Viking Voyage series serves up string of new experiences for Guardian reporter
First time at the wheel
A furry-faced friend on the wharf at Straitsview, N.L., peeked around the Be Faithful 2 sailboat’s awning, followed by a smiling face of the human kind.
“I hear someone wants a shower here,” spoke the latter, which happened to be Barbara Blake, whose home was just a jaunt down the road from the Parks Canada National Historic Site of L’Anse aux Meadows.
Charlottetown sailors Geoff and Jane Ralling and I had been in this northern Newfoundland community for a few days visiting the Viking archeological site before it was time to set sail for the Gulf of St. Lawrence and our Prince Edward Island home, following a route that could have been taken by the Norse explorers 1,000 years ago.
“I’ve left the door open. Towels and facecloths are by the sink,” my generous host offered, after giving me rudimentary directions to her house in Straitsview where the Blakes and Hedderson mailboxes rule the roads.
To be sure and to avoid any lurid B&E shower-stealing charges on my part, I checked the route carefully to avoid accidentally taking a surprise advantage of any other local resident’s open door policy.
The Rallings tell me that’s what happens in Newfoundland – you land at the wharf, tell them what you need and help usually arrives: fuel, fish, a friendly offer of the use of a vehicle.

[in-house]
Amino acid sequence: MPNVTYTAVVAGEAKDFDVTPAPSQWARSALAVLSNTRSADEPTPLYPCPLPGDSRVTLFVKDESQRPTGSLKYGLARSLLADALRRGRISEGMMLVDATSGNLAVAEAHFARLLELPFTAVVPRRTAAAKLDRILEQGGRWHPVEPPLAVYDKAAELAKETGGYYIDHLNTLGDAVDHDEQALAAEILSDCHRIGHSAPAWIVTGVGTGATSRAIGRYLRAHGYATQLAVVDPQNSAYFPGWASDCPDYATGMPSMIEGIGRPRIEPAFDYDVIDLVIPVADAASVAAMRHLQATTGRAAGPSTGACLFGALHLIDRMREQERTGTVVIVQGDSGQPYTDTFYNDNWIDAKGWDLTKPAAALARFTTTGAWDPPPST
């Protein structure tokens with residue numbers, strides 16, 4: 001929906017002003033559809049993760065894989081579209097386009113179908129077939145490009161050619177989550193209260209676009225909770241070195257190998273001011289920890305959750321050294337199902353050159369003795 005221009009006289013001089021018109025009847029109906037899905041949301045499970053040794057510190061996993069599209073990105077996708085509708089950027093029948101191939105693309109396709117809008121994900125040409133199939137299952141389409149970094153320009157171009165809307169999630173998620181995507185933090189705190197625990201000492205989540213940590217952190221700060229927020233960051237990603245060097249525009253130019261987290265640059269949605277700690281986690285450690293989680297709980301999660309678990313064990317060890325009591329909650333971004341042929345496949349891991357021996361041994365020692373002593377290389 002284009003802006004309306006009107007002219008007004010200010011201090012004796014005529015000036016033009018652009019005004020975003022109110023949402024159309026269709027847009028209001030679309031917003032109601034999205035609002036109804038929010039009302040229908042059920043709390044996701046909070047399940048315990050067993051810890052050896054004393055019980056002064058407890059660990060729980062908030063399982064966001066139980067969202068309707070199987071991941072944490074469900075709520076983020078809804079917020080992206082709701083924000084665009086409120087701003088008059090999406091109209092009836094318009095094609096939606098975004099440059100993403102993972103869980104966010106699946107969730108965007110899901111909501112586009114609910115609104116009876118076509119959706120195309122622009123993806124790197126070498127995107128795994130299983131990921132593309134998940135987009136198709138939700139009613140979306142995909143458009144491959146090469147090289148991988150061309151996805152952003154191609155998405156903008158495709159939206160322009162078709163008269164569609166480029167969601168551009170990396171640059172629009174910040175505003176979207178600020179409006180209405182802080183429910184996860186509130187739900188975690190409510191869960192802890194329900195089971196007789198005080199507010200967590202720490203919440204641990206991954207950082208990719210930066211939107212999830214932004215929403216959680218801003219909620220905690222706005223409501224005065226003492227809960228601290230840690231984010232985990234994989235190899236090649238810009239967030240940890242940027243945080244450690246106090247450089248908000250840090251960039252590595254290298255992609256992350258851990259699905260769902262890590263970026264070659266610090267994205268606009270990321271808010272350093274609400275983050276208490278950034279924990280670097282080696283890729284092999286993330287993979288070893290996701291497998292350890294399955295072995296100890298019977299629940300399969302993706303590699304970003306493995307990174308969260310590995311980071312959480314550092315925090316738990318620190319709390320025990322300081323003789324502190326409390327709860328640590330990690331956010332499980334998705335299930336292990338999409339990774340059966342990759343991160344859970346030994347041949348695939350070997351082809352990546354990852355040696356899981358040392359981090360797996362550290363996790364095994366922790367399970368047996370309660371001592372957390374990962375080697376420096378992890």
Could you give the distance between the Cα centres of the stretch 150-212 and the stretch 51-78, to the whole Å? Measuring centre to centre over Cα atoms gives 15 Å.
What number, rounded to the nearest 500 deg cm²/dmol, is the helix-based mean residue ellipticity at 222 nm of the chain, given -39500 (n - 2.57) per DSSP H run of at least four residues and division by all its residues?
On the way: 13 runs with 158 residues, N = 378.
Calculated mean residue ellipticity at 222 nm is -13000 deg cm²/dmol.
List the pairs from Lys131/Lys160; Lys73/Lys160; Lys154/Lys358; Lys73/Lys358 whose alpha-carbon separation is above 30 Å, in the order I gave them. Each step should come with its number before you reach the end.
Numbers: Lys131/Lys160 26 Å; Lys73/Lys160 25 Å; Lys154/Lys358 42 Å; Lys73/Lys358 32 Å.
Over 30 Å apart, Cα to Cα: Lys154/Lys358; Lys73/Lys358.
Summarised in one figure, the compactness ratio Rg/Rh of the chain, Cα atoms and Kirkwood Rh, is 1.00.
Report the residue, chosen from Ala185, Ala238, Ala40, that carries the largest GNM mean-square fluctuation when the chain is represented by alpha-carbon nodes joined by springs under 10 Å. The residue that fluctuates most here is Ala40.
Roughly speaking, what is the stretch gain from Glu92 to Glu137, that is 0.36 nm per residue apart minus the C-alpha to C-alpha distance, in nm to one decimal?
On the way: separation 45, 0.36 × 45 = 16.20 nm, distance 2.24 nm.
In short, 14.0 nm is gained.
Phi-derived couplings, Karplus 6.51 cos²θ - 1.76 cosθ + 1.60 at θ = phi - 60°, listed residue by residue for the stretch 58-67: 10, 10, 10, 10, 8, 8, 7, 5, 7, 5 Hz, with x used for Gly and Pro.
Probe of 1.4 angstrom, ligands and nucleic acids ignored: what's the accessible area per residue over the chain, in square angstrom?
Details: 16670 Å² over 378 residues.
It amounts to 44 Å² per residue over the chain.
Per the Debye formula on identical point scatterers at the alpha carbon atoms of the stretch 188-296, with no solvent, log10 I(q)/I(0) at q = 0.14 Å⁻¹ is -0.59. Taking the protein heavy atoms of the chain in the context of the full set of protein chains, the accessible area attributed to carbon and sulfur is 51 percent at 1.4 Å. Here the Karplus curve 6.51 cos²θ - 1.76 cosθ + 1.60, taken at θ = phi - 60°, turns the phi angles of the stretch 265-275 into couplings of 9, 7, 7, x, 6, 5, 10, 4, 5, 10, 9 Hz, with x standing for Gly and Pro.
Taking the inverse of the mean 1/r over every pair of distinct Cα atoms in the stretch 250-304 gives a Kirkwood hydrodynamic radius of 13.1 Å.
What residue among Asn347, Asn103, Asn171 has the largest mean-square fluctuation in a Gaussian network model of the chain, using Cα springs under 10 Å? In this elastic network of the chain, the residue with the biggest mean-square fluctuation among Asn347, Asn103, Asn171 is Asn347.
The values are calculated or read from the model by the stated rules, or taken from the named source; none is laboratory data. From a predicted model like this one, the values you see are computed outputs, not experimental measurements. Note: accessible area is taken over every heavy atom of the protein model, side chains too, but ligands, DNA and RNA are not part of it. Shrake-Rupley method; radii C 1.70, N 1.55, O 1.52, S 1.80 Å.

Well for me, that gift of a shower was a first and it was one of many for this Viking Voyage.
I’d never really even been to sea before, let alone been on a foray to Newfoundland for a six-hour coastal drive north to experience some of the most spectacular scenery I’ve ever seen.
Then there were the little roadside gardens in the ditches, with carefully tended plots that were manned by Newfoundland scarecrows, aka a cross clothes with a big shirt that billowed in the incessant wind.
I was told that good soil was so scare that locals sometimes drive long distances to find that sweet soil spot to nudge some fresh produce from the earth before the short growing season comes to a close and winter grabs hold.
And then there another first: an overnighter in the recreated sod Viking house that was built at L’Anse aux Meadows in the 1970s, which resulted in my close encounter of the over-imaginative-idiot kind with a blinking smoke alarm light in the middle of the night.
And I must also mention that I’d never experienced close quarters living in a small sailboat either.
There was the bicep-building endeavour of hand-pumping the toilet to fill and flush; the rock-a-bye baby in the berth feeling with my head butting the loo in galley when sleeping; a symphony of snores emanating at any given time during the night.
Then there was my first really big sail from the Isles-de-la-Madeleine to Wood Islands which was in 25-knot-plus winds that stirred up waves that swelled and dipped to more than 14 feet at times and whipped up some heavvy jeavvy feelings in the ole tummy.
“We’re going to be in Souris before we’ve left the Maggies,” Jane laughed as yet another big wave slipped up from behind and overtook us even at our brisk 7.2 knot pace.
“Some say that sailing is hours of boredom interrupted by moments of sheer terror,” Geoff smiled.
Anyone who has ever had to “go” in rough seas knows it’s like trying to use the bathroom on a Tilt-a-Whirl carnival ride.
And there were times I wished yawning worked for sea queasiness like it did ear popping on airplanes
But soon P.E.I. came into range and soon would come my last port of call in my Viking Voyage series.
All good first things must come to an end.